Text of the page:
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Improving market access to medicines

A number of medicines that should be available to seriously ill patients are currently stuck in the system awaiting reimbursement, says IPHA

There are now more generics being sold in Ireland than branded medicines

There are now more generics being sold in Ireland than branded medicines

 

Despite the fact that nine of the world’s top 10 biopharma companies have substantial operations in Ireland and some of the top medicines in the world are produced here, Irish patients are waiting far longer than many of their European counterparts to access innovative new medicines to treat cancer, cardiovascular disease, infectious disease and more.

The significant delay in getting medicines to market appears to lie primarily in Ireland’s lengthy reimbursement process following approval of a medicine by the Health Products Regulatory Authority (HRPA) or the European Medicines Agency (EMA).

There are a number of medicines currently stuck in the system awaiting reimbursement that should be available to seriously ill patients, according to the Irish Pharmaceutical Healthcare Association (IPHA).

Innovative new medicines, which are prescribed in hospitals in Ireland, are supplied to patients by the HSE through community pharmacies via the Primary Care Reimbursement Service’s High Tech Scheme. Such medicines include anti-rejection drugs for transplant patients and oncology drugs for cancer patients.

In Ireland, the State pays for approximately 80 per cent of all medicines through four principal schemes: General Medical Services (GMS), Drug Payment Scheme (DPS), Long Term Illness (LTI) Scheme and the Hi-Tech Scheme.

Phillip Hannon, communications manager of the Irish Pharmaceutical Healthcare Association (IPHA), said access to new therapies in Ireland was being delayed because of resource issues that impacted the Health Technology Assessment (HTA) process used by the HSE for evaluating new therapies.

The IPHA has called for the HTA process to be properly resourced to ensure efficient decision-making on proposed new medicines.

“Delay in reimbursement is an issue. There are framework agreements going back three decades between the State and the IPHA to agree pricing and supply of medicines and only last June, we signed a new agreement agreeing price cuts in return for the State making medicines available to patients. We committed to savings of €785 million by 2020, and already €150 million in savings has been delivered in less than a year under this agreement, but only 11 medicines have been approved costing the State only €17 million,” Mr Hannon explained.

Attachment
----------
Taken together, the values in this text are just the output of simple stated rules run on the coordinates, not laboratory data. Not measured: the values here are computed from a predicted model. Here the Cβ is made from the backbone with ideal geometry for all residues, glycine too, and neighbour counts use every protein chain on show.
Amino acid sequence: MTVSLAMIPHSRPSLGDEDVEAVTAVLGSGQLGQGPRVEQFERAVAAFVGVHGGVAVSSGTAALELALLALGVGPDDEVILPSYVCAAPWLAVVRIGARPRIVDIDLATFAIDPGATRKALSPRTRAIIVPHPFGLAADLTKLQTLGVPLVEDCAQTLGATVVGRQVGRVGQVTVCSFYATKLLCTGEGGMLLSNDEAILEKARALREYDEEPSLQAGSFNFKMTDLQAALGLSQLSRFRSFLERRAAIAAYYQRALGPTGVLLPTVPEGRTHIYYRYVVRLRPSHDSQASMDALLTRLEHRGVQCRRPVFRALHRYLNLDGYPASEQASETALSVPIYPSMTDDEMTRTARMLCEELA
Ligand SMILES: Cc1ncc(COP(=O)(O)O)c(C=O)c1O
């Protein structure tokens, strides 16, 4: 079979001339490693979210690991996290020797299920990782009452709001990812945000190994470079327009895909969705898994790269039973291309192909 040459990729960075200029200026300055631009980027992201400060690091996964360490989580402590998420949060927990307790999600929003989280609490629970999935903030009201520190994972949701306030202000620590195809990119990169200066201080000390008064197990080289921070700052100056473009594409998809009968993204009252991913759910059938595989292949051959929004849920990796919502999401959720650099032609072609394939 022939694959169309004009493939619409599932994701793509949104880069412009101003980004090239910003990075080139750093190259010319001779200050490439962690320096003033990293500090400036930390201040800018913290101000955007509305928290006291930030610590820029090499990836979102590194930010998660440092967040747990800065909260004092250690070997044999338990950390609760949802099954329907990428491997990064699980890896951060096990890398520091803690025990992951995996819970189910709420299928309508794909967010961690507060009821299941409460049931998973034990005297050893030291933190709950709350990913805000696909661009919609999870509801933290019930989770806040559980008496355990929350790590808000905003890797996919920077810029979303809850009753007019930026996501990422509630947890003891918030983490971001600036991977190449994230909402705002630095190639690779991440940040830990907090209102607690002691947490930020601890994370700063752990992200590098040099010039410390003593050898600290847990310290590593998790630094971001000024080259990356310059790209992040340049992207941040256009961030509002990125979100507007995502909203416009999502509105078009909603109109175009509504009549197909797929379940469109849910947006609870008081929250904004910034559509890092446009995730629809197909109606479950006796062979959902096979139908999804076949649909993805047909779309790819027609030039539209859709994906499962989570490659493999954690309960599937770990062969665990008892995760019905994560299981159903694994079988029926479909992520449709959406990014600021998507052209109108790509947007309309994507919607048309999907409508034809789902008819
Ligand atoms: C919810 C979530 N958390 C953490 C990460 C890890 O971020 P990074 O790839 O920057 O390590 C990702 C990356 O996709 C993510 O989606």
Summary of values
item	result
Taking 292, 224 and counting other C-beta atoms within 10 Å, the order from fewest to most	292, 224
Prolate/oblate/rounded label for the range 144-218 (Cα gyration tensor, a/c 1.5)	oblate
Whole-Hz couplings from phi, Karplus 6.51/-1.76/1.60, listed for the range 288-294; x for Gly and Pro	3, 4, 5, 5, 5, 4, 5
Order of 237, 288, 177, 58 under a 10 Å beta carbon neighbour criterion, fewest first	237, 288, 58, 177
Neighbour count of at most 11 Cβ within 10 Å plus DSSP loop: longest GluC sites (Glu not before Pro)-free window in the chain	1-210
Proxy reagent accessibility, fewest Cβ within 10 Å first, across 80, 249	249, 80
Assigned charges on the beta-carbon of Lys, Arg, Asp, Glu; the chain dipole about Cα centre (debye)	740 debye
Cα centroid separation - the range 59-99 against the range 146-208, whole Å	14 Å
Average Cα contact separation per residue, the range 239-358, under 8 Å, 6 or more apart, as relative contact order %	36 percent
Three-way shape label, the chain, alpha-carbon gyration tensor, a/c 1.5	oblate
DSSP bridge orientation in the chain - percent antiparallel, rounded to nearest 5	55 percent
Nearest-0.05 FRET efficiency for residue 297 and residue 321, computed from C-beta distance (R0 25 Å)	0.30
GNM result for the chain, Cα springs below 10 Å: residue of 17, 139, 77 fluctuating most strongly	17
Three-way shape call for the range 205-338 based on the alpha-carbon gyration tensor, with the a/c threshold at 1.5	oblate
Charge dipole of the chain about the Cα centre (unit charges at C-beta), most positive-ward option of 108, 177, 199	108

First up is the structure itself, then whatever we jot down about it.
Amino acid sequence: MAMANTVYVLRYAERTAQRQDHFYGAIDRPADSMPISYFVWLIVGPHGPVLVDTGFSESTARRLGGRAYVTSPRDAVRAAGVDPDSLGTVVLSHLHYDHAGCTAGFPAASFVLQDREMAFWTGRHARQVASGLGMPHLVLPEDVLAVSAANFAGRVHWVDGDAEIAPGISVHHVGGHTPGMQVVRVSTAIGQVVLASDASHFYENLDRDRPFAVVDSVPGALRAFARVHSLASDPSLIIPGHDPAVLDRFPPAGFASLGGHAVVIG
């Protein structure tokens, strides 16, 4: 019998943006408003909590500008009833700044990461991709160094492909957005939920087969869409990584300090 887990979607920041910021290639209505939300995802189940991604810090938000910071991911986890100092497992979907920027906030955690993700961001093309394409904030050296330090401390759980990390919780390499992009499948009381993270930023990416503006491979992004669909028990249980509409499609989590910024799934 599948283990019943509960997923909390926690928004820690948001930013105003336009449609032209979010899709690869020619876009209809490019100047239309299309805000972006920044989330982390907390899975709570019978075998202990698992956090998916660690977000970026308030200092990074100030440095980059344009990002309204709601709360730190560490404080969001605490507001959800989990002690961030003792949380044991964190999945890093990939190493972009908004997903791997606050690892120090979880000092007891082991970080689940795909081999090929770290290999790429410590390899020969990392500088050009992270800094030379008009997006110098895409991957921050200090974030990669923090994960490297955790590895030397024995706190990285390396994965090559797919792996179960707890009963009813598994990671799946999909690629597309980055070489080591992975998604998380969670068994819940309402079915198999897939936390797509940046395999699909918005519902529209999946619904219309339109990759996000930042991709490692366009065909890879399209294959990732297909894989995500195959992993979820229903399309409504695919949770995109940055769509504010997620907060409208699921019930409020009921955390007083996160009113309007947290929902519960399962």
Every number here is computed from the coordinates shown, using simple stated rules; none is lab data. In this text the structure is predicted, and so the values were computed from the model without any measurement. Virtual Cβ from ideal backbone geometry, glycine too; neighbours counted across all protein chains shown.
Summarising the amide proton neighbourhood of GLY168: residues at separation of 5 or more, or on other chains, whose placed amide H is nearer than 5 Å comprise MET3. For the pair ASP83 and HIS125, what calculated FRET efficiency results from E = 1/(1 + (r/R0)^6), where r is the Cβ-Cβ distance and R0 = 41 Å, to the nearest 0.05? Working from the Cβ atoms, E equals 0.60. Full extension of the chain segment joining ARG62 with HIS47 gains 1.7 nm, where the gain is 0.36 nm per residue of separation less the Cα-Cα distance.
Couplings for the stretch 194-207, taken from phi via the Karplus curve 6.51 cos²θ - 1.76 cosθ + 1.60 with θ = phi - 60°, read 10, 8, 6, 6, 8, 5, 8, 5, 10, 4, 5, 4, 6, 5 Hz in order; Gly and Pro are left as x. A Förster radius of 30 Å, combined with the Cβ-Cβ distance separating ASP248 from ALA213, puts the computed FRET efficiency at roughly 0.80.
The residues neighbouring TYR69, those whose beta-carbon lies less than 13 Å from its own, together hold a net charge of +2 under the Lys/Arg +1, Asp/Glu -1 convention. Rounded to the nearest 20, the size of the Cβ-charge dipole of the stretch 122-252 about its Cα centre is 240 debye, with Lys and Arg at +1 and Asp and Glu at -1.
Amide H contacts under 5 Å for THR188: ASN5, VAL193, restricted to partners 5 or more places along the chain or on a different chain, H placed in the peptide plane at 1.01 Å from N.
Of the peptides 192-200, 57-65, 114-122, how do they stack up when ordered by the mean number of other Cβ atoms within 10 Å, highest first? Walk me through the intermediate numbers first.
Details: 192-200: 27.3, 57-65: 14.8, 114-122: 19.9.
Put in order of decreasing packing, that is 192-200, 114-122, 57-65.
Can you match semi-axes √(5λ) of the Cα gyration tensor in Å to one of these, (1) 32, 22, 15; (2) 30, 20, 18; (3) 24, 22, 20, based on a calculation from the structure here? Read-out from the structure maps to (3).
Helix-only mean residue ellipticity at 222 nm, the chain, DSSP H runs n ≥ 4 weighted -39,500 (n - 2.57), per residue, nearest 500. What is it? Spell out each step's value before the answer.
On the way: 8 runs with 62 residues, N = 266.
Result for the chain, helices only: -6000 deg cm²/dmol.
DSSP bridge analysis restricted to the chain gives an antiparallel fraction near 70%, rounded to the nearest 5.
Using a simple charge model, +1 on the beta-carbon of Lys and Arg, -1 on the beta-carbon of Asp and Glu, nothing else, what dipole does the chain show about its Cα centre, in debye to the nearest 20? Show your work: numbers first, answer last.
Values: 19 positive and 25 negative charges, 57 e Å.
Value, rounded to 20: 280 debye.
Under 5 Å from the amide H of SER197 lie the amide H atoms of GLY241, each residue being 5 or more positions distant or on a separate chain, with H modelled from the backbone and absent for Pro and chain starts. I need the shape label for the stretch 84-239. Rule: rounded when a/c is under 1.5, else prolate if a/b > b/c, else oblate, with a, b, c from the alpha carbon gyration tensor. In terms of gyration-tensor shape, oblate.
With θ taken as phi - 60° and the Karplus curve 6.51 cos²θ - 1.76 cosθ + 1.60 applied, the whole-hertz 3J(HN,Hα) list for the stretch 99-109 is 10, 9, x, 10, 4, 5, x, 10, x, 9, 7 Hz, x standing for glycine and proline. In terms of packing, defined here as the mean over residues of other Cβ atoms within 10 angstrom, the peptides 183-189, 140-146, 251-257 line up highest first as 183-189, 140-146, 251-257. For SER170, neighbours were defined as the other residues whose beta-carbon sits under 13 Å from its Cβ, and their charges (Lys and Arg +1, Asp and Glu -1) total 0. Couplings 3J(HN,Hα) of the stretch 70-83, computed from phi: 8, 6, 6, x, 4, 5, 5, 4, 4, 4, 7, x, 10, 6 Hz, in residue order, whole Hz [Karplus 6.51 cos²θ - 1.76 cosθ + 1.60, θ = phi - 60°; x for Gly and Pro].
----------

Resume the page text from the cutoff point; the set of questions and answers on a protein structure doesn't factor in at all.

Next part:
While there is a perception among the public that medicines are more expensive in Ireland than other EU countries, Hannon pointed out that medicines were priced against an average of 14 other EU countries. The average spend on pharmaceuticals was 14per cent of the health budget in Ireland compared to an EU average of 19per cent, he noted, and the average price of medicines in the GMS had fallen to below 2001 levels.

Hannon said: “I’m not saying that medicine is cheap in Ireland, but it is priced at an average of 14 EU countries. We are providing the money to the Minister to invest in these medicines, but the length of time it takes to get them to market is getting longer and longer, and some medicines have been waiting years. These include important medicines for oncology, respiratory illness, haematology, and cardiac disease, all waiting in the system.”

The whole issue of access has been magnified by the massive budget implications of the cystic fibrosis drug Orkambi, estimated to cost about €100,000 per patient, but Hannon points out that the vast majority of new medicines coming through are nowhere near this expensive.

While many point to the cheaper cost of medicines in Spain and Northern Ireland, Hannon says that most people are unaware that these medicines are all generics – copies of brand name drugs that are out of patent. There are now more generics being sold in Ireland than branded medicines.

Colm Galligan, medical director MSD Ireland, said the gap between regulatory approval and reimbursement was increasing in Ireland and patients were waiting longer and longer to access new medicines.

The My Healthcare, My Future report, published by MSD last year, showed that more than three in four Irish people believe it’s very important that Government and the HSE invest in making new medicines available to Irish people in a timely manner.

Galligan commented: “Industry members made very significant price reductions on existing drugs last year to free up space for reimbursement for new drugs, but there are quite a number of new innovative medicines still awaiting a final decision. We used to have some of the best access to innovative medicine in Europe, but this is no longer the case. We need to do everything we can to get these medicines to the patients and to ensure we are not out of kilter with international standards.”

In his opening statement at the Joint Committee on Health in February of this year, Minister for Health Simon Harris raised the issue that Ireland, in common with many other countries, was facing in relation to the increasing cost of medicines. He pointed out that the medicines bill in Ireland had increased from €400 million in 1998 to more than €2 billion in 2016.